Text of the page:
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On December 20, a team from the Executive Office of the President released a report titled Artificial Intelligence, Automation, and the Economy  that assesses and provides recommendations based on the effect that evolving artificial intelligence (AI) and automation will have on the economy and policy matters. The team included staff from the Council of Economic Advisers, Domestic Policy Council, National Economic Council, Office of Management and Budget, and Office of Science and Technology Policy. Notably, the report looks into the impact not only on jobs but also on the opportunities created for stronger cyber defense and systems to detect fraudulent transactions and messages.

Specifically, as machines continue to reach and exceed human performance on an increasing number of tasks, they have the potential to disrupt labor force; the report examines strategies to increase the benefits and mitigate the cost to the economy.

The report identified three strategies for policy responses:

  1. Invest in and develop AI for its many benefits.
  2. Educate and train Americans for jobs of the future.
  3. Aid workers in the transition and empower workers to ensure broadly shared growth.

The first policy response calls for developing cyber defense and fraud detection. The current environment requires a great deal of time and effort from experts to design and operate secure systems. If this work can be automated, either in part or wholly, stronger and more agile security could be made available across a broader range of systems and applications at a far lesser cost. AI (especially machine learning systems) could rapidly detect, react, and respond to the ever-evolving and more complex cyber threats and support human decisionmaking.

Eventually, AI could generate dynamic threat models from data sources that would be difficult for humans to analyze because of volume, change frequency, and incompletion. According to the report, such data includes “the topology and state of network nodes, links, equipment, architecture, protocols, and networks.” AI could then efficiently perform predictive analytics to anticipate cyber attacks before they ever occur.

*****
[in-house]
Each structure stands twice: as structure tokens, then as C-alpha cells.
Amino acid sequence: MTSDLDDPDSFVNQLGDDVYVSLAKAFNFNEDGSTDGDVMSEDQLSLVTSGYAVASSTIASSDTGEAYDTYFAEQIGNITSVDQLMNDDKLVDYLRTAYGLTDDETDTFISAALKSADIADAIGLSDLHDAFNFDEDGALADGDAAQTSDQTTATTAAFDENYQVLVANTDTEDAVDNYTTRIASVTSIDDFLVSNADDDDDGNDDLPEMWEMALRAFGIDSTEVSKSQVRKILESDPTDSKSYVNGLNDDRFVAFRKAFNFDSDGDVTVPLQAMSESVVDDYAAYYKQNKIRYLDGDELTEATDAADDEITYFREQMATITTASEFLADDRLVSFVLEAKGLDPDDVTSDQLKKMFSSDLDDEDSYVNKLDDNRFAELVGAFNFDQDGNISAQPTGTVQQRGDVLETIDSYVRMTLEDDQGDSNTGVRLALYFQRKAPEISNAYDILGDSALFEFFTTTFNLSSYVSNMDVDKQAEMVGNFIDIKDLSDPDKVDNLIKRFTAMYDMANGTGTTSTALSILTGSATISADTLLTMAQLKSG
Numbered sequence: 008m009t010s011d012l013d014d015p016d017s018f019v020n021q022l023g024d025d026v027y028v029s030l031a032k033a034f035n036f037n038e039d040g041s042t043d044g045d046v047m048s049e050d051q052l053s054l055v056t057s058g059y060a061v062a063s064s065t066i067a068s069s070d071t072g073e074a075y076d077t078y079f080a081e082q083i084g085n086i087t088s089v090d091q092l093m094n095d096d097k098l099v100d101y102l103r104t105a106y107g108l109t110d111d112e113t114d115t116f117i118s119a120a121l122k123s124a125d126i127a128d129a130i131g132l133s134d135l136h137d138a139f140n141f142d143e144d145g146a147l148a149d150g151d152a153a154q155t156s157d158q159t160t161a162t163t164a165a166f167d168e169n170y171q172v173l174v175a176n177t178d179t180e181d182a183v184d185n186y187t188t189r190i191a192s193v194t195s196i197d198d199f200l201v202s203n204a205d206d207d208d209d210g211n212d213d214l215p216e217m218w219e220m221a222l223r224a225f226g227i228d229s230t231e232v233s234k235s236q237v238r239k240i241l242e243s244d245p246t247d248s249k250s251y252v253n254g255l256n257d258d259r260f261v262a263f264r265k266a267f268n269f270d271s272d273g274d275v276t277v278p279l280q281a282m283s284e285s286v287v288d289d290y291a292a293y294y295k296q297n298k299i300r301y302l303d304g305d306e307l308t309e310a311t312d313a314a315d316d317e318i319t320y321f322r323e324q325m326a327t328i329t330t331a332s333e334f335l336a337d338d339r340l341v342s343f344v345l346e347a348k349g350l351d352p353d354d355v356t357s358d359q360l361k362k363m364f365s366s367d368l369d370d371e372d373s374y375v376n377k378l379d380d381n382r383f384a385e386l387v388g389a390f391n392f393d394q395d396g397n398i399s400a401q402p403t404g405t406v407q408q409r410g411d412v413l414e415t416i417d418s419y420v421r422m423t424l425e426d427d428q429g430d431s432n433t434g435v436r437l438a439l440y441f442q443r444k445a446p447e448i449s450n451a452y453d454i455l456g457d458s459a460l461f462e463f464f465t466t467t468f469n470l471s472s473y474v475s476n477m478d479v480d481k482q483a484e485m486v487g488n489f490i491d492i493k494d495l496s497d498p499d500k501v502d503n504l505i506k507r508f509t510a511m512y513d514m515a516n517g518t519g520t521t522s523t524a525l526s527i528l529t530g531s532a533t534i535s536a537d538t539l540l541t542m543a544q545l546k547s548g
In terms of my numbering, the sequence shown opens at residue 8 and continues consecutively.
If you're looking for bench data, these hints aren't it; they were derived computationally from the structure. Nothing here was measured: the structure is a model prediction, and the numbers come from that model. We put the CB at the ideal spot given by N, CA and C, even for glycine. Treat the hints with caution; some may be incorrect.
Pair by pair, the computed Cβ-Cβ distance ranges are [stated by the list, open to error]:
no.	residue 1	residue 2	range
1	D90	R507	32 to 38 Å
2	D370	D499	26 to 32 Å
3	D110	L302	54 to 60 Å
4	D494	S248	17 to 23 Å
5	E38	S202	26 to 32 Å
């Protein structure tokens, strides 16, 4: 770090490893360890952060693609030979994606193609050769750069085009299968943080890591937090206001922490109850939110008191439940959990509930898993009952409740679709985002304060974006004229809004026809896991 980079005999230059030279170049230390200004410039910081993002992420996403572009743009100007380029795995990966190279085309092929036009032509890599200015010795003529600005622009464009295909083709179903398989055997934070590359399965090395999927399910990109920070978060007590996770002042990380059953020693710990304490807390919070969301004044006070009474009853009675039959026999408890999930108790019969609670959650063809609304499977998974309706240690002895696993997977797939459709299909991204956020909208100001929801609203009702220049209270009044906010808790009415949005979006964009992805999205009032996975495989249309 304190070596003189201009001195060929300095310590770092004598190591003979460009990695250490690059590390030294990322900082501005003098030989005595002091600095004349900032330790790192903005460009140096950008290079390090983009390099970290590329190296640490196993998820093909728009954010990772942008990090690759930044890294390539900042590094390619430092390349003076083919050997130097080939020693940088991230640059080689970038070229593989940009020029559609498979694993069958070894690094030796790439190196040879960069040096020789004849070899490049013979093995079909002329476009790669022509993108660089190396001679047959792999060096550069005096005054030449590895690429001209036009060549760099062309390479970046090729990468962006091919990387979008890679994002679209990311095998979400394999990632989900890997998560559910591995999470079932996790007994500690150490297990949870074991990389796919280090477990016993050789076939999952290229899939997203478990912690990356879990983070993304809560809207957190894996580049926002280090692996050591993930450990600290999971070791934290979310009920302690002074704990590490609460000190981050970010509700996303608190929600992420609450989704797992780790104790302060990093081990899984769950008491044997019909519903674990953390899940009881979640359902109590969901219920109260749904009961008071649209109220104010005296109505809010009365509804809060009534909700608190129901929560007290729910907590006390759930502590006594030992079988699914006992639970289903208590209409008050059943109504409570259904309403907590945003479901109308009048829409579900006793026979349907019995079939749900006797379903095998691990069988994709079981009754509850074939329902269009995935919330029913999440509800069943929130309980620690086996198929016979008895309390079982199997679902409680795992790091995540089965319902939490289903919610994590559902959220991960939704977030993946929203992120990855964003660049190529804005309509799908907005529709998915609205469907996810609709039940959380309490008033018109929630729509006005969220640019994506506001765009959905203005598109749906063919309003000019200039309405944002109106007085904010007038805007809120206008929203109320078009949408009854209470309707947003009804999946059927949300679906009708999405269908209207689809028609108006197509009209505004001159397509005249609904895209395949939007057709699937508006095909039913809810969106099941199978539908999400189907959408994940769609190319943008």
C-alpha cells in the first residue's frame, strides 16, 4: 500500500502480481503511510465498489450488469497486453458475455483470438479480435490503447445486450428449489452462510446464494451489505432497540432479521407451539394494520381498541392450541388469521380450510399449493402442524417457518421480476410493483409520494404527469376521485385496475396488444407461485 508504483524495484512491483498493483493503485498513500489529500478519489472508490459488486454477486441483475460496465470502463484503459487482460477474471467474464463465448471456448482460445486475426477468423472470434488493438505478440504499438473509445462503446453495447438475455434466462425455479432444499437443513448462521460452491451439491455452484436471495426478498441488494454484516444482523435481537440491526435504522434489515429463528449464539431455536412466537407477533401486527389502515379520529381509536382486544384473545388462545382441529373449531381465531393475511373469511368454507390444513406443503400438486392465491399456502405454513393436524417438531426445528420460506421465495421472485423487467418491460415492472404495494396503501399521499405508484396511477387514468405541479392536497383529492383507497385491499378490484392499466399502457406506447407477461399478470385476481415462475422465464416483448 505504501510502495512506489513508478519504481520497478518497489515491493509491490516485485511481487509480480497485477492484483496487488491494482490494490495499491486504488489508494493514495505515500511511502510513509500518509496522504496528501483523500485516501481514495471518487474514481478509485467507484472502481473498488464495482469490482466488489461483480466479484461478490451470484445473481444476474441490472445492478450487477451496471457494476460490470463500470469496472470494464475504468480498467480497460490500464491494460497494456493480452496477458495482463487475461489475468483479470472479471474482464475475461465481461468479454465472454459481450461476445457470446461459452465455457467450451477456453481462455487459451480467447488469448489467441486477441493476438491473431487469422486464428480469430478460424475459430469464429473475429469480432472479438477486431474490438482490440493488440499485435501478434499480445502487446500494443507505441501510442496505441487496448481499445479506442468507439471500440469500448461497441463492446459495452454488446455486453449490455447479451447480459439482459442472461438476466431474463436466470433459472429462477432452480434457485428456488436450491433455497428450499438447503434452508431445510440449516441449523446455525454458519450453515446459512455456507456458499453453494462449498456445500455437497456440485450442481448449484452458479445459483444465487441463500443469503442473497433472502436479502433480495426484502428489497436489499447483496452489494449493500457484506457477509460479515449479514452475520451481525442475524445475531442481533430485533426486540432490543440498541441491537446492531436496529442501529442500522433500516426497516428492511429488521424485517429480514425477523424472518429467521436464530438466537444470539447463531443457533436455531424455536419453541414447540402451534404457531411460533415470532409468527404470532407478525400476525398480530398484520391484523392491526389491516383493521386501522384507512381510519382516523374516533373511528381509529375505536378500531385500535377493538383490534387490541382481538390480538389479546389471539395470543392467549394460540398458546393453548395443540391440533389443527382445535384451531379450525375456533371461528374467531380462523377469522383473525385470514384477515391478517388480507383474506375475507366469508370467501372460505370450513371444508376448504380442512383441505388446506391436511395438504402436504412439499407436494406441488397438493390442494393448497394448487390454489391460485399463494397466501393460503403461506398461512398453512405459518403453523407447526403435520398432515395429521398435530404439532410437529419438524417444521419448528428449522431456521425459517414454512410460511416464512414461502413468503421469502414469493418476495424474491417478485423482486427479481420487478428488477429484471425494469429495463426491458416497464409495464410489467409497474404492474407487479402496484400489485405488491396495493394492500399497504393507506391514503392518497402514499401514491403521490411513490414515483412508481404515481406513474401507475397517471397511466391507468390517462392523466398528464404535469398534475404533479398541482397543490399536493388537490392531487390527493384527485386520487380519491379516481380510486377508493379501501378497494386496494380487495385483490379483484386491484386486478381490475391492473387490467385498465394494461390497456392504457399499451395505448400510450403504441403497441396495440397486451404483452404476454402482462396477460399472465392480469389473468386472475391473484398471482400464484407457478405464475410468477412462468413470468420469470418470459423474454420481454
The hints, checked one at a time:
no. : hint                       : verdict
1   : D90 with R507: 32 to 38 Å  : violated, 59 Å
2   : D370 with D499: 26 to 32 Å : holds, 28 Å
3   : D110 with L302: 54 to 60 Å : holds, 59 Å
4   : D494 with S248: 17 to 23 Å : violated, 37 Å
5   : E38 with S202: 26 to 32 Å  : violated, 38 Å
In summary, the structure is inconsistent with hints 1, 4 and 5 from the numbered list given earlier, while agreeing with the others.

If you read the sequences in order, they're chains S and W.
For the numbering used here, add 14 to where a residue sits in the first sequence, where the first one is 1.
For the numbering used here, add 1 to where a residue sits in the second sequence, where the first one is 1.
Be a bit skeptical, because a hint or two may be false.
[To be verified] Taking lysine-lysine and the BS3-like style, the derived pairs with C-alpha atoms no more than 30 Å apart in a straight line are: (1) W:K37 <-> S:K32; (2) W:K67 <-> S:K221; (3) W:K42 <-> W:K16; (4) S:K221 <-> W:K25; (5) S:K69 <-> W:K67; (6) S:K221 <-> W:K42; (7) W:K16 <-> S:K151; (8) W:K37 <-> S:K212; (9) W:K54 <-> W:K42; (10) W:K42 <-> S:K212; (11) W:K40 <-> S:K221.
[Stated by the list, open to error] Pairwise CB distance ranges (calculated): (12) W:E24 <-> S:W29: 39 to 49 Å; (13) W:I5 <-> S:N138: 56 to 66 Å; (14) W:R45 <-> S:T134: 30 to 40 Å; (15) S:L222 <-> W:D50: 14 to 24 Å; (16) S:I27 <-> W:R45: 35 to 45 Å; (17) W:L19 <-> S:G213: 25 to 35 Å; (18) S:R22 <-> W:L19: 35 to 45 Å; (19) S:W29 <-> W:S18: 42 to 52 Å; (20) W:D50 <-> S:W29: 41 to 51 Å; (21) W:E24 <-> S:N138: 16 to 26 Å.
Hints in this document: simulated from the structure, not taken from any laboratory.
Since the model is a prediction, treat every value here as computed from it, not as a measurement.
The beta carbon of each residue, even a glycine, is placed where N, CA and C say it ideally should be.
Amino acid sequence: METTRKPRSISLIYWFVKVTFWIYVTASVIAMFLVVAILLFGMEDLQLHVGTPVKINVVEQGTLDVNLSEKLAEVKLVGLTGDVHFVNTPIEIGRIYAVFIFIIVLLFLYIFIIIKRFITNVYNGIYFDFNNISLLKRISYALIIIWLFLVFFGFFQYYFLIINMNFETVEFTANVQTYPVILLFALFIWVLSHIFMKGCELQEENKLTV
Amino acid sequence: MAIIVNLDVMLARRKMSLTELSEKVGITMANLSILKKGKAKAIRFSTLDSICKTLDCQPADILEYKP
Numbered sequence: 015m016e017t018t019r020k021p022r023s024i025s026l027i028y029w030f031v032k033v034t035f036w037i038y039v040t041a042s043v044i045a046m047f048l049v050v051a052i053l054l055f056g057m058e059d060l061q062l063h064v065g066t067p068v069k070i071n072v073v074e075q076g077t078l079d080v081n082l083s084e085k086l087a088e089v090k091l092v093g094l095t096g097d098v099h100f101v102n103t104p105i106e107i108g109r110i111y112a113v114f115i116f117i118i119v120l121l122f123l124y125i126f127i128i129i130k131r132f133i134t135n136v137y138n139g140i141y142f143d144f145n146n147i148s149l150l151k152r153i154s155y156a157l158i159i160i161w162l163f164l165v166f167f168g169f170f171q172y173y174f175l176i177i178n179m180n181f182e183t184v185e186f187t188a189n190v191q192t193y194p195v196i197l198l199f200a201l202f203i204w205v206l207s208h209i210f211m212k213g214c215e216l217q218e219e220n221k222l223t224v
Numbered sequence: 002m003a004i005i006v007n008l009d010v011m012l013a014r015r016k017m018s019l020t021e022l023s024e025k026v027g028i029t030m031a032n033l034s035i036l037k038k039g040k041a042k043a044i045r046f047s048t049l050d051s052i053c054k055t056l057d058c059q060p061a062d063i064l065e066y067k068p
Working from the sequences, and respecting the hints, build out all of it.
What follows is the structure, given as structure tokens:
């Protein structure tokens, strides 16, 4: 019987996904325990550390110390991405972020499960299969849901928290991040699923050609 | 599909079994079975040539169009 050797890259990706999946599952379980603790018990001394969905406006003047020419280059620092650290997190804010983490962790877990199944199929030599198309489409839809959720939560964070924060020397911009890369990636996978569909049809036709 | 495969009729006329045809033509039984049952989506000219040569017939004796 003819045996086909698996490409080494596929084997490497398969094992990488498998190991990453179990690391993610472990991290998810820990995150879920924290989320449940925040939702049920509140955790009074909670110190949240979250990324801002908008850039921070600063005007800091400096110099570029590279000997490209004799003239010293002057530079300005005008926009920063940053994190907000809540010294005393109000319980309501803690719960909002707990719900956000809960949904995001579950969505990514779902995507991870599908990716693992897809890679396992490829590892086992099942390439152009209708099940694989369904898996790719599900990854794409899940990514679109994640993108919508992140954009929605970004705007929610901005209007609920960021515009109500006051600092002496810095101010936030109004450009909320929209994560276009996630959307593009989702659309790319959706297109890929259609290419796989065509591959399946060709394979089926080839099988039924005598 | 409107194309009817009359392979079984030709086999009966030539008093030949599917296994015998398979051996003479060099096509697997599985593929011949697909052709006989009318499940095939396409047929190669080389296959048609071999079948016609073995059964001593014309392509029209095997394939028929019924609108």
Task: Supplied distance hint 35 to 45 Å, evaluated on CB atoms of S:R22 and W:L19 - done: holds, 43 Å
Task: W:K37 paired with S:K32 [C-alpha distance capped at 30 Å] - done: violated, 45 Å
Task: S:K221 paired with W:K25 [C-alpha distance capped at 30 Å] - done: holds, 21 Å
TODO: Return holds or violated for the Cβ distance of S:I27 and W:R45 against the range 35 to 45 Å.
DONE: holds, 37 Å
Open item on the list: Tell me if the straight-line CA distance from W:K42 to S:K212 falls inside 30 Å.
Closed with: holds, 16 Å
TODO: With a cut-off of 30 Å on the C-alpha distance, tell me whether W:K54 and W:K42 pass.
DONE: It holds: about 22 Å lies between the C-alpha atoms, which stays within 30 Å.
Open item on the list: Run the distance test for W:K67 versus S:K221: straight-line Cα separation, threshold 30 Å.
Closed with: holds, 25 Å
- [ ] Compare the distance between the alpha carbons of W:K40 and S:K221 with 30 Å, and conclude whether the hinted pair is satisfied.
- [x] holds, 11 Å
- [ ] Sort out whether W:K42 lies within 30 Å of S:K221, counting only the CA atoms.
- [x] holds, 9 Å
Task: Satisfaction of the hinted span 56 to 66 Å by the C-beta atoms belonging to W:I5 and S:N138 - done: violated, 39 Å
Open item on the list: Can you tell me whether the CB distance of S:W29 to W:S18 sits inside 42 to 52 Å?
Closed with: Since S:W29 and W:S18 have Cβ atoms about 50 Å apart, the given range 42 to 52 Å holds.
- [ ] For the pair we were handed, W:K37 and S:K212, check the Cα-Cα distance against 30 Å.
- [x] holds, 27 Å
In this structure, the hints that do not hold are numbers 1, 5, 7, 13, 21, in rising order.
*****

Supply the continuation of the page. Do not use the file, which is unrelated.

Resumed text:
DARPA’s Cyber Grand Challenge is a prime example of how this approach could be implemented to great effect. This competition was created to accelerate AI and automation development to “detect, evaluate, and patch software vulnerabilities before adversaries have a chance to exploit them.” The final event took place on August 4, 2016, and all code produced was released as open source to promote follow-on and parallel research.

In addition, AI can be an important aid to detect fraudulent transactions and messages. It is commonly used to detect fraudulent financial transactions and unauthorized log-in attempts. AI filters email messages to flag spam, attempted cyber attacks, and other unwanted messages. Some common examples include an email junk folder or an online account that locks users out after multiple log-in attempts.

For years, search engines have used advanced algorithms to find relevant features of documents and detect and demote potentially unwanted or dangerous content to maintain the quality of search results.

As companies update all these protective features, cyber attackers are constantly developing new methods. AI could be a strong tool that enables companies to fight back in a fast, methodical, and consistent way.